Court Dismisses Claims of Fraudulent Misrepresentation, Negligence, and Conspiracy Against Credit Suisse: Legal Principles Analyzed

Citation: [2023] EWHC 2759 (Comm)
Judgment on


In the case of Loreley Financing (Jersey) No 30 Limited v Credit Suisse Securities (Europe) Limited & Ors, various legal principles were applied to address claims of fraudulent misrepresentation, negligence, and conspiracy. This article aims to dissect the case and clarify the legal principles and reasoning that led to the dismissal of claims by Loreley Financing against Credit Suisse.

Key Facts

Loreley Financing alleged that Credit Suisse made fraudulent representations regarding the value and credit quality of certain Notes they purchased, which were tied to residential mortgage-backed securities (RMBS). Loreley Financing also brought a negligence claim and a conspiracy claim based on alleged breaches of Irish Prospectus Regulations.

Key points revolved around whether certain representations were made, whether they were relied upon, if they were false, if there was knowledge of their falsity, and if subsequent actions could be categorized as conspiracy. These claims were closely scrutinized in light of legal principles surrounding the making and reliance on representations, material falsity, knowledge and intent necessary for deceit, duty of care in negligence, and the constituting elements of conspiracy.

Misrepresentation and Reliance

The court applied traditional principles regarding representations in contracts, discerning express from implied representations, and the necessity for reliance on such representations for a claim of deceit to succeed. The court rigorously examined whether representations had been made, their clarity, and their alignment with existing contracts and disclaimers.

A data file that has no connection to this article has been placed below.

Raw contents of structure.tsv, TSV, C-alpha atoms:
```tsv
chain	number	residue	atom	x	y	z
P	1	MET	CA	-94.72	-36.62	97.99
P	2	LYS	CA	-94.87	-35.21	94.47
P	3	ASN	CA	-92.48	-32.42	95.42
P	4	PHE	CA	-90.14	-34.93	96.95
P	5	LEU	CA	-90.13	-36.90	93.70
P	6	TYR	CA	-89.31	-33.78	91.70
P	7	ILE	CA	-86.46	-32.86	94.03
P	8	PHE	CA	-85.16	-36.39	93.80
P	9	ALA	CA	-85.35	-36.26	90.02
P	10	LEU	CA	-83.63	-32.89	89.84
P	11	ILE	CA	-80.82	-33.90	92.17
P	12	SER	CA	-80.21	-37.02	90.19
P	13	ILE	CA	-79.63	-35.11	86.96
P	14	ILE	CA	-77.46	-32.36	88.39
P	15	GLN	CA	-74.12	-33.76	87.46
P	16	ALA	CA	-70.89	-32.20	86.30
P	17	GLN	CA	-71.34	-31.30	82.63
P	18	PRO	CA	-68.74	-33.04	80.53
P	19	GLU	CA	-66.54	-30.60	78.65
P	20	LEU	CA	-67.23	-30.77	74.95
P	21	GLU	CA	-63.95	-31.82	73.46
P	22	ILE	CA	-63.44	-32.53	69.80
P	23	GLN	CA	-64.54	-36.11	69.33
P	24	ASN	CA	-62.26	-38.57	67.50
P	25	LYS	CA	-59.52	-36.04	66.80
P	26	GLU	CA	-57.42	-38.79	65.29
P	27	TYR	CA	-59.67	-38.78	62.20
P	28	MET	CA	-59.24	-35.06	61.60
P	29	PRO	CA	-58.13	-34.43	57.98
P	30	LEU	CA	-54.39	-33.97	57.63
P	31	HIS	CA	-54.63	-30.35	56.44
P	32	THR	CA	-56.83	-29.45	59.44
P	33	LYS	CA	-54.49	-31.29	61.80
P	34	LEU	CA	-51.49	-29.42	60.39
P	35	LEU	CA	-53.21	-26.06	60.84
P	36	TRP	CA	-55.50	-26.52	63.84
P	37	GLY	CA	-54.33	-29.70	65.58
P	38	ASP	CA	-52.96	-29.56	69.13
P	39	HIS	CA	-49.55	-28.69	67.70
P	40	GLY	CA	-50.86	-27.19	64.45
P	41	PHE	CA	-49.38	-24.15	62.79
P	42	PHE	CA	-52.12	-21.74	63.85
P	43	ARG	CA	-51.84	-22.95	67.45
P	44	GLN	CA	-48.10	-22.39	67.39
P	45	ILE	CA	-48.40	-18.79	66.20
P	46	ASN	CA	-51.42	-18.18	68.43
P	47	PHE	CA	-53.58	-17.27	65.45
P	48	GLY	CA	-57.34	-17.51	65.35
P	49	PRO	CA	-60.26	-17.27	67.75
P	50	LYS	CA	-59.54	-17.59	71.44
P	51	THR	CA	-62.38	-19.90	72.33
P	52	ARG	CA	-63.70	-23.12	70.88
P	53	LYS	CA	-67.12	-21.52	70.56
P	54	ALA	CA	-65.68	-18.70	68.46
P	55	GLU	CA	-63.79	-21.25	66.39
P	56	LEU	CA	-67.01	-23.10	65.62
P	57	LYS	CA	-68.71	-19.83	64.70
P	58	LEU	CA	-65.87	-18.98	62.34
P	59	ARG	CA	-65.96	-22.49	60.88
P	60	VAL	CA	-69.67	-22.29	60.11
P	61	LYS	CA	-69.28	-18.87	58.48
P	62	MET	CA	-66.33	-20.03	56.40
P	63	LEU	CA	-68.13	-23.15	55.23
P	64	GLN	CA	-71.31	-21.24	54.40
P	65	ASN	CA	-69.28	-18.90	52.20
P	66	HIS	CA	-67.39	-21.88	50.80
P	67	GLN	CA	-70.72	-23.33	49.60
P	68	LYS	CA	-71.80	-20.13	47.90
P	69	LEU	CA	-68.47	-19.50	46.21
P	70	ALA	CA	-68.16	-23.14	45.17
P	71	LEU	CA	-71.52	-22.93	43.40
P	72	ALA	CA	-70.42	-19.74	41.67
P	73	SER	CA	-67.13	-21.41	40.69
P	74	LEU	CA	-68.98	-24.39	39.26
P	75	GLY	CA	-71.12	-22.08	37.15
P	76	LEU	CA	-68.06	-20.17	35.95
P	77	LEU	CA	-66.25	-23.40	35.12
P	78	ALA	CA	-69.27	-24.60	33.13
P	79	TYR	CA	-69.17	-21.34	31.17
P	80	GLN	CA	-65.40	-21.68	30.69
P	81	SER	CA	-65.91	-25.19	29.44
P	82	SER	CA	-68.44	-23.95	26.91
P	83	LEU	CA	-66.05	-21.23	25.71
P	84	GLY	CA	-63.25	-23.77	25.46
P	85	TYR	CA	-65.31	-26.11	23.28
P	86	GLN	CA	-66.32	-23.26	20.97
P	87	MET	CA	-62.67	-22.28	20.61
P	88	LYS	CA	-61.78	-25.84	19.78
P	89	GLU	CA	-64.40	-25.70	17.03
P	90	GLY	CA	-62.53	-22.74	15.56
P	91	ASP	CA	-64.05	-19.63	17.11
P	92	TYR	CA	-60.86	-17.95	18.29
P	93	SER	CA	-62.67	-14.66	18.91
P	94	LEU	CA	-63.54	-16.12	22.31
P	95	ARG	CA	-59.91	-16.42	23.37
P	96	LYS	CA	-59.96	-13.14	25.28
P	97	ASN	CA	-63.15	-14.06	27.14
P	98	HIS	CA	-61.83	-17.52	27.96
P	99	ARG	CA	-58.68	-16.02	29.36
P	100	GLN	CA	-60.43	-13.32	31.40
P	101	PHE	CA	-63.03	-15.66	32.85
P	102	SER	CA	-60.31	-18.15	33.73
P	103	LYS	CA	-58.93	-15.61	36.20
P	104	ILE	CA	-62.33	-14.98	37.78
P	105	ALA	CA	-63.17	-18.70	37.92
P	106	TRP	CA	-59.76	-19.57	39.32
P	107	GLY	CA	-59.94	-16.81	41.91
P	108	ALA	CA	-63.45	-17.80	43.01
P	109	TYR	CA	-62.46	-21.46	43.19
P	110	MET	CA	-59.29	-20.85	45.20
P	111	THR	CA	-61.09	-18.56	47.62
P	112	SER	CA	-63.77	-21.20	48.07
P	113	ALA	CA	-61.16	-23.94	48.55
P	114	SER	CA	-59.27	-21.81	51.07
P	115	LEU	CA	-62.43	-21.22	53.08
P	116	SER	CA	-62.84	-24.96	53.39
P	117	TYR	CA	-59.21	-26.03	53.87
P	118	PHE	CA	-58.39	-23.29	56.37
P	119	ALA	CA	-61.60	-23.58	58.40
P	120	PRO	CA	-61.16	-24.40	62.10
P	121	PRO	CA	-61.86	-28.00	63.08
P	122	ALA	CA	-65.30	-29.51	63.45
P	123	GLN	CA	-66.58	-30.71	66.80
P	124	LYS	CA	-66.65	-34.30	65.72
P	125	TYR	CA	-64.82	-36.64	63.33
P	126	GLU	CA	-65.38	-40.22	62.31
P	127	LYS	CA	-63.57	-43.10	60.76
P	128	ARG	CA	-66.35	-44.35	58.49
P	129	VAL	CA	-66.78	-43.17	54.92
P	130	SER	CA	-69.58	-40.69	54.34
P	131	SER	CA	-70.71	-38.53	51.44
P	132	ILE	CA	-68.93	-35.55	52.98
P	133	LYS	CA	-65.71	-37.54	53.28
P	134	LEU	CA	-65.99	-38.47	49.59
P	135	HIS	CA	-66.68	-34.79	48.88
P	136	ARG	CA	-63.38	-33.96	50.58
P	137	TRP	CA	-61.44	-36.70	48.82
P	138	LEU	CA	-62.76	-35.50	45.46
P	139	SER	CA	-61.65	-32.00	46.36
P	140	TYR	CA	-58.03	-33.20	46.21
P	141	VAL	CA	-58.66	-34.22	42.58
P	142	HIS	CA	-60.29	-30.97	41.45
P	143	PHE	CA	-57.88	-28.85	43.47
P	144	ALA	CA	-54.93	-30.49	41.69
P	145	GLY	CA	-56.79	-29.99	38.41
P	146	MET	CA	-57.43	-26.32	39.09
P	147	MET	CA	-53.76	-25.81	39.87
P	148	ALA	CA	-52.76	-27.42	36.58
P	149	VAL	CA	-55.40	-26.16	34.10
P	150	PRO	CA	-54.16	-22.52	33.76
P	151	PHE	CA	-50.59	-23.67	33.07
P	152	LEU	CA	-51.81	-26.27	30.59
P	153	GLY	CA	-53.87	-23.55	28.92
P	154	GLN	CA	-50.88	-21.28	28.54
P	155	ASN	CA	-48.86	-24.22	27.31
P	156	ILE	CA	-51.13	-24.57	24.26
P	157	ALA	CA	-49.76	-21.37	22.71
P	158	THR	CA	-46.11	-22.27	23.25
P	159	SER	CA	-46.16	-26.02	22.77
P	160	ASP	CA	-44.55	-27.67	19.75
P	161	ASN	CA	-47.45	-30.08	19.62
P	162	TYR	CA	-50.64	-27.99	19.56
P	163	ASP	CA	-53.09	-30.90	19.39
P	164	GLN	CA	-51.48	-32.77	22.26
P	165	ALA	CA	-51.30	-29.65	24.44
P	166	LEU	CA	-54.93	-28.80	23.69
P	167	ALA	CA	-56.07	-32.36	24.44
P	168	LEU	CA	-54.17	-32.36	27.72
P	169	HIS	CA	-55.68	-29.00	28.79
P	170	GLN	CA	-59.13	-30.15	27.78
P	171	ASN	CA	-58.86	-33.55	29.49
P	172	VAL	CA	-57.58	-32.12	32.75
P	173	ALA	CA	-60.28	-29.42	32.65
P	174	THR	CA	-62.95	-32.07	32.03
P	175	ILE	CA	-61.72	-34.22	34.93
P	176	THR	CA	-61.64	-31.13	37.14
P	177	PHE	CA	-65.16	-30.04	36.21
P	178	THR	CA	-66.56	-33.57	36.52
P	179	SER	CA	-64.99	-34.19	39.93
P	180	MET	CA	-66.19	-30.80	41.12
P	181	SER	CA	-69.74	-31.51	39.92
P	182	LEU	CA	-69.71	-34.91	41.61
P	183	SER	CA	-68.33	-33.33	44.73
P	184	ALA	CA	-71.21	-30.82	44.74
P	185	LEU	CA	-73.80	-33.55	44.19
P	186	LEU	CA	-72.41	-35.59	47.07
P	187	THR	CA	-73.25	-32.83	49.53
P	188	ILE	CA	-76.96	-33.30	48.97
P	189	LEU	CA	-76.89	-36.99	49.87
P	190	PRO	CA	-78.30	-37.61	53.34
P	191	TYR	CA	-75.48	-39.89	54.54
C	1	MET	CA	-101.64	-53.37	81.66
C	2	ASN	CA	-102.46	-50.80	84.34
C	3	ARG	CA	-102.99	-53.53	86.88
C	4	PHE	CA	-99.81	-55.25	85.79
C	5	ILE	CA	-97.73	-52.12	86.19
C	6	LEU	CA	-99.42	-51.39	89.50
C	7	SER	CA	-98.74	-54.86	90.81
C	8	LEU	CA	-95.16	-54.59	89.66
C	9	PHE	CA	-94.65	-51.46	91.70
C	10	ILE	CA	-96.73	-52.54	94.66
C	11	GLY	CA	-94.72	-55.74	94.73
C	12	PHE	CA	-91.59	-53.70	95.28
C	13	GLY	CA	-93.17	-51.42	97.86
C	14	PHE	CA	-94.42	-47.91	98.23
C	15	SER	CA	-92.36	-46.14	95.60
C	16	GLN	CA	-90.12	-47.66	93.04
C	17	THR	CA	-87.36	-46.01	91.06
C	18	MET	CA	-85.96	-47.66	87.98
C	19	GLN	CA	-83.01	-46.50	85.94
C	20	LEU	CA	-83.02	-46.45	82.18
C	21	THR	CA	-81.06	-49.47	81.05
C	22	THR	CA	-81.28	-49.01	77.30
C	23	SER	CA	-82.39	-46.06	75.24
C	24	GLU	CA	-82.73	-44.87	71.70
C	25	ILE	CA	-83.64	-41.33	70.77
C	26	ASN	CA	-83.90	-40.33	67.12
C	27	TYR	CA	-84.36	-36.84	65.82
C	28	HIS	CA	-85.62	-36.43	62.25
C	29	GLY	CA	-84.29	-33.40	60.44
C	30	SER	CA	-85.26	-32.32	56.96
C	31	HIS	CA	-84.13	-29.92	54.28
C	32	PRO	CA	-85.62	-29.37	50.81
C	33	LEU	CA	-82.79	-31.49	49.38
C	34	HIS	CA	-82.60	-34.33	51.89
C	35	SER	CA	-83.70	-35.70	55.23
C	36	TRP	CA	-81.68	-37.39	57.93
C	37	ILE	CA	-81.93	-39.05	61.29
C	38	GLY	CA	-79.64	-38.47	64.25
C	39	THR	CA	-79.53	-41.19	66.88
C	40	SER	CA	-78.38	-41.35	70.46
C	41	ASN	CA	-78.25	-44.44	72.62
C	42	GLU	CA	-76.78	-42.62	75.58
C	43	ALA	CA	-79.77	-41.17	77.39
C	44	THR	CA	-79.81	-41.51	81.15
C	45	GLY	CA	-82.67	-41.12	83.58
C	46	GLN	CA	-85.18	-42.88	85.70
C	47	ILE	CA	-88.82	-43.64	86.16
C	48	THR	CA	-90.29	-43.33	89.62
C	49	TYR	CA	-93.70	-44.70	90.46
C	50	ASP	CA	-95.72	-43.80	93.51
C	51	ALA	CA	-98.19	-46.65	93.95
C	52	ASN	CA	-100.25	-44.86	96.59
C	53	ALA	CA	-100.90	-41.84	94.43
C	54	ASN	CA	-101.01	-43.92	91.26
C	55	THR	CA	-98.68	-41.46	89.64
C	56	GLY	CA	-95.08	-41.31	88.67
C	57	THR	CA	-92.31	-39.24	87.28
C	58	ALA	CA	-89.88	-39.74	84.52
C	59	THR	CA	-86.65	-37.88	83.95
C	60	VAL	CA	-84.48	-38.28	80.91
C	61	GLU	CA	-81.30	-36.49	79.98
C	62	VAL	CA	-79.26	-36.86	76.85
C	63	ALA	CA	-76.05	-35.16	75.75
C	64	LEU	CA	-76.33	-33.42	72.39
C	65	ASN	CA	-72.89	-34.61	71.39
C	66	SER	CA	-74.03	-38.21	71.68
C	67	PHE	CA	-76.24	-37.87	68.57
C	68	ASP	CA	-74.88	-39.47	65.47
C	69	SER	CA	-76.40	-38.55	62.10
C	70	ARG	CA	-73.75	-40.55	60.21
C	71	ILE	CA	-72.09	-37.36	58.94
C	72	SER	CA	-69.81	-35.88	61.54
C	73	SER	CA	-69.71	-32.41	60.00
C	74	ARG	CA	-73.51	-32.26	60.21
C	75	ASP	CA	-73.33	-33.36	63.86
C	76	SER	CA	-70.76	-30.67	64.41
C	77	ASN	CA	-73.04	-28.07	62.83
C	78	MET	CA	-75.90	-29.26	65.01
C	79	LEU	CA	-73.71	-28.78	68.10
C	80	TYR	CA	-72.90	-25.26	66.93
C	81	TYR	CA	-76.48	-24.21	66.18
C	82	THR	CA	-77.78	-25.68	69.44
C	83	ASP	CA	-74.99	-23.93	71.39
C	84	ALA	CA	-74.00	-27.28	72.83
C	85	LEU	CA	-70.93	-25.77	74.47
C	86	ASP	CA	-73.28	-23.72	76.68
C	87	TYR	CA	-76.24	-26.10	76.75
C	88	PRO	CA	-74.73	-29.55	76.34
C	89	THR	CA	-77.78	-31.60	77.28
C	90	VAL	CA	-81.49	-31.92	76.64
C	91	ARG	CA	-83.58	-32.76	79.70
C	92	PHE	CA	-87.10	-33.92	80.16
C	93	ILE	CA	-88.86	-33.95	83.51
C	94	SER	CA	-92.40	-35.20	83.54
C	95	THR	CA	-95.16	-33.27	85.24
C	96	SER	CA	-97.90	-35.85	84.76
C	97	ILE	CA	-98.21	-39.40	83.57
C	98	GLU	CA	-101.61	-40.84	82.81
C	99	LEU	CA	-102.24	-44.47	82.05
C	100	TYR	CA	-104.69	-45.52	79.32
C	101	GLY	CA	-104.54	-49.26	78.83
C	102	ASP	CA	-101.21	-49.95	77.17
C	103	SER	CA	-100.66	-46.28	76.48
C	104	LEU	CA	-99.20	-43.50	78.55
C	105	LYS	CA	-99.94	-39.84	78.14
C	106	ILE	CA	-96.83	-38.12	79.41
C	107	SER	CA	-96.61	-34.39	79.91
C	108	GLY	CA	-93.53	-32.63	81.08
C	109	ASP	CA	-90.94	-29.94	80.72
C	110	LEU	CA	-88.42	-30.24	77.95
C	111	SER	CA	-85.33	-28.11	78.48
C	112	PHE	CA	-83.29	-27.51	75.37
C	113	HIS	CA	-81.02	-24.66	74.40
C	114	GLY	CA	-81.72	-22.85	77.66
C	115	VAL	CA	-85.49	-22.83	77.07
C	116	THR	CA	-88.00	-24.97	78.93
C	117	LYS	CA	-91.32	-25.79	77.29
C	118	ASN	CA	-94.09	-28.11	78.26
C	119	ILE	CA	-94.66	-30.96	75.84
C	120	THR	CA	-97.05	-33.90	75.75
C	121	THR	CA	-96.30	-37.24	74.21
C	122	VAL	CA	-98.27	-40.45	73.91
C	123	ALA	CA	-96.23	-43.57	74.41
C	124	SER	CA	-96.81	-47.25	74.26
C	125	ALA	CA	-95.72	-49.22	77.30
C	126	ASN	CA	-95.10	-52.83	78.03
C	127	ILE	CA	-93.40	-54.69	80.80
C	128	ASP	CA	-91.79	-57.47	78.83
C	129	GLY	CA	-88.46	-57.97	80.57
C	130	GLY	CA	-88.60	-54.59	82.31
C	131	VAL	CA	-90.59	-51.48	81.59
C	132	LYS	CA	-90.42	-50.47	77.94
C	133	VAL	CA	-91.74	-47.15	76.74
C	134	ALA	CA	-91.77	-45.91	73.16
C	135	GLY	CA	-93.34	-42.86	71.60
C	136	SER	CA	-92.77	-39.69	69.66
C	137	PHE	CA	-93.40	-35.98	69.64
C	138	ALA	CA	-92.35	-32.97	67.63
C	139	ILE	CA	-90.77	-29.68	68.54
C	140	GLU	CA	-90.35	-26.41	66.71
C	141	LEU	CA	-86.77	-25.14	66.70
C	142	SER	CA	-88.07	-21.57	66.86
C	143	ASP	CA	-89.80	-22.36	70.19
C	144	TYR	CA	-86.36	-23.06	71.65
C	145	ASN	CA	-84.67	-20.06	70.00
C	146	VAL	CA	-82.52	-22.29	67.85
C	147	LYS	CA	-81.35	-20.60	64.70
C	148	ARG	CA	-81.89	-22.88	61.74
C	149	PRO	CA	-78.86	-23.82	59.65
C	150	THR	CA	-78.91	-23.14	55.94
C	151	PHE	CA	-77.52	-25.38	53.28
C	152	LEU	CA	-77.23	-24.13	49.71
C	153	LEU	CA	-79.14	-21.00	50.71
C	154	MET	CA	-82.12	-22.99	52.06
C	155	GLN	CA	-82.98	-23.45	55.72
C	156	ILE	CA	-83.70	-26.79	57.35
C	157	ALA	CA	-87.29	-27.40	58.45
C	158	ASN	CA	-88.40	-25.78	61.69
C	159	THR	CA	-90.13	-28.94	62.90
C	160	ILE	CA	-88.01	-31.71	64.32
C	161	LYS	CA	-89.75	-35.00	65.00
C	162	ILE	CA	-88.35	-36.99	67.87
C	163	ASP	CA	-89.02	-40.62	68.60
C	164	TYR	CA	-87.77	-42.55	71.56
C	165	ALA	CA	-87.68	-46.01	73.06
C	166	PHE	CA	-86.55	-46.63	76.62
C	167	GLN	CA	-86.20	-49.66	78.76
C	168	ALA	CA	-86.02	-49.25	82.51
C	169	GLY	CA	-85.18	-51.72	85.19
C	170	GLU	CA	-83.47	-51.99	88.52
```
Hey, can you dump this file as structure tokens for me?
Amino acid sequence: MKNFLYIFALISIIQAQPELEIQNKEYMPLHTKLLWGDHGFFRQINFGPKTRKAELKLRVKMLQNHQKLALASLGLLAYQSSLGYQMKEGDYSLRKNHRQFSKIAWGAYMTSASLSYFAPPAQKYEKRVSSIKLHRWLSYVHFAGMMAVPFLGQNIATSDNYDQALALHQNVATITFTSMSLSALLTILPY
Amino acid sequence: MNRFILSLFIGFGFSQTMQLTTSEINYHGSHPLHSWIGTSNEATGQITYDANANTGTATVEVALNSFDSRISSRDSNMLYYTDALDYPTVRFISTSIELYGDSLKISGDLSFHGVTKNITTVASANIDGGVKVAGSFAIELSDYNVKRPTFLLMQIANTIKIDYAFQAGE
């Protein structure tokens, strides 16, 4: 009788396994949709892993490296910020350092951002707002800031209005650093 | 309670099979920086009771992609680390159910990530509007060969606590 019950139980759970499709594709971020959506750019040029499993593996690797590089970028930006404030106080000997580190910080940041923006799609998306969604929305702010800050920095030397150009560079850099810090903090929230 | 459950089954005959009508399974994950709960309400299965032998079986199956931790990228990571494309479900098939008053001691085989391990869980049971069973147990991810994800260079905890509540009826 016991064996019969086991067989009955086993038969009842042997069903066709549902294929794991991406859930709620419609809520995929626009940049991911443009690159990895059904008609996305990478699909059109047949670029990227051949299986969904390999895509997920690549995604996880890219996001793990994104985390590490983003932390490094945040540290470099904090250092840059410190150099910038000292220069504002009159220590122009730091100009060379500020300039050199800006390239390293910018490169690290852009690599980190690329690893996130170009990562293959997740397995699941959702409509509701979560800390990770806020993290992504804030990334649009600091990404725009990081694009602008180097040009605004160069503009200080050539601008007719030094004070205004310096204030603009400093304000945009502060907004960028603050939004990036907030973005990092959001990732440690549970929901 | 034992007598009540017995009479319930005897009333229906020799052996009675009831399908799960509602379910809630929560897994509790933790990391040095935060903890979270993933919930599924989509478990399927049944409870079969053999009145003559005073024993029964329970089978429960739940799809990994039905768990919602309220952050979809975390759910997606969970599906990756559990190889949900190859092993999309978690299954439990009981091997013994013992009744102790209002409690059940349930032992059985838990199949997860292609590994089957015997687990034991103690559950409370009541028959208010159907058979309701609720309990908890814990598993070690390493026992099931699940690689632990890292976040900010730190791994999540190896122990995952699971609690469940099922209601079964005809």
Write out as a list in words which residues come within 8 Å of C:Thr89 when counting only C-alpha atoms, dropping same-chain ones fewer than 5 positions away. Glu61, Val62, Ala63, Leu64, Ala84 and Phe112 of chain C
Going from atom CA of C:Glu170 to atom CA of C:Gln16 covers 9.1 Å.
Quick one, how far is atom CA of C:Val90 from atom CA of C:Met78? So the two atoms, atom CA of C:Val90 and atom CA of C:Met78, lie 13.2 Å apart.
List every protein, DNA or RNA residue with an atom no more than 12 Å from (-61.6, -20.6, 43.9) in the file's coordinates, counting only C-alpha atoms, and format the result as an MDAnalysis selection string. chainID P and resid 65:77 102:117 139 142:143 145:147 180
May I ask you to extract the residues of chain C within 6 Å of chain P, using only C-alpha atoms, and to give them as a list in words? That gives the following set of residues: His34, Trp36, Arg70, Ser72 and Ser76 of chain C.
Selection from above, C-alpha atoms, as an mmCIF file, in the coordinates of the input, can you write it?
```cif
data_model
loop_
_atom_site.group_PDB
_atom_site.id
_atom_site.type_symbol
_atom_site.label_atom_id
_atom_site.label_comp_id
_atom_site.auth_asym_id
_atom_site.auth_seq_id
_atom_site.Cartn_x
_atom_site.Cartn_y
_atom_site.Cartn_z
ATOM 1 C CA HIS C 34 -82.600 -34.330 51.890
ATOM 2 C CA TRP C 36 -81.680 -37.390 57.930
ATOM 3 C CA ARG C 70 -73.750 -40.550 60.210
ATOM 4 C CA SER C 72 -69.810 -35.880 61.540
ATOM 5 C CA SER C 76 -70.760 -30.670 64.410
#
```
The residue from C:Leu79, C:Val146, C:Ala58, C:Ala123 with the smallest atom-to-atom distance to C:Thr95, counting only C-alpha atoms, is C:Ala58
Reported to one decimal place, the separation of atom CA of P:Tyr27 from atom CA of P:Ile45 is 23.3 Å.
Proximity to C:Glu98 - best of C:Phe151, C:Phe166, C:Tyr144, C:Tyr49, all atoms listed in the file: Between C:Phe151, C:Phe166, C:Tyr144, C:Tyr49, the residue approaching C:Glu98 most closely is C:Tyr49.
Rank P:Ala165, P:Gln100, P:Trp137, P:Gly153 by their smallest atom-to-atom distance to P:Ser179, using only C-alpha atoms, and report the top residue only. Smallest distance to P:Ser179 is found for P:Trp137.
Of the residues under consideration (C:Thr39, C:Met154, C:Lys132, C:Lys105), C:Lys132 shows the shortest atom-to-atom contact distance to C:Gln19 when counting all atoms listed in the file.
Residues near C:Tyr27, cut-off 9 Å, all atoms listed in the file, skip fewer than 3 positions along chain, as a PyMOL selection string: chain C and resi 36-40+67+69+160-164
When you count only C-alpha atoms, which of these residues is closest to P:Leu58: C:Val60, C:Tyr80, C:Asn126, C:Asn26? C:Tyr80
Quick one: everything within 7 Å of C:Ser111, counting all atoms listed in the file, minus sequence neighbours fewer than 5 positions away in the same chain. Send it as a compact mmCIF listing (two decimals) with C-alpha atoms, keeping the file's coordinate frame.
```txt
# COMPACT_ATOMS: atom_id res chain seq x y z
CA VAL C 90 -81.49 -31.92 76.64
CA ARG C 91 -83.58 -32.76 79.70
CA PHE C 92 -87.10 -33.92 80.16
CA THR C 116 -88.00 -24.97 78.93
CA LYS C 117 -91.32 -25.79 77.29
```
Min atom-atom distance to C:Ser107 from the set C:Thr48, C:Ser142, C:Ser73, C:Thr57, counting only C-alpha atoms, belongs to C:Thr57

Material Falsity and Knowledge

The analysis involved the threshold for a misrepresentation to be materially false and the requisite knowledge of the falsity for fraudulent intent to be established.


Principles relating to the existence and breach of duty of care in negligence were considered. The court examined whether Credit Suisse owed a duty of care and if their conduct breached such duty.


For the conspiracy claim, the court looked into the compatibility of foreign law breaches with the notion of ‘unlawful means’ needed to fulfill the requirements for an unlawful means conspiracy.


The court also delved into the limitation periods prescribed by law and whether the claimant’s knowledge, or lack thereof, affected the start of the limitation period.


The court found that Loreley Financing’s claims of fraudulent misrepresentation were unfounded due to a lack of evidence that relevant representations were made or relied upon, and it was not conclusively shown that any representations known to be materially false were acted upon deceitfully. The claims of negligence fell as no duty of care was established, nor was there a breach. The conspiracy claims were dismissed partly due to the unsuitability of non-actionable breaches of foreign law to serve as ‘unlawful means’. Additionally, the court addressed the limitation defense, concluding that the claims were time-barred.


In Loreley Financing (Jersey) No 30 Limited v Credit Suisse Securities (Europe) Limited & Ors, the High Court engaged in a meticulous evaluation of the alleged fraudulent misrepresentation, negligence, and conspiracy claims against Credit Suisse. It concluded that the claims lacked merit and dismissed them, underscoring the importance of clear evidence for representations and their influence on the claimant’s actions, the established knowledge of falsities for fraud, the necessity of a duty of care for negligence, and the limitations on foreign breaches in conspiracy allegations. This case serves as an exemplar for lawyers concerning the level of proof required at various stages of such claims and the rigorous application of legal principles in complex financial transactions.

Related Summaries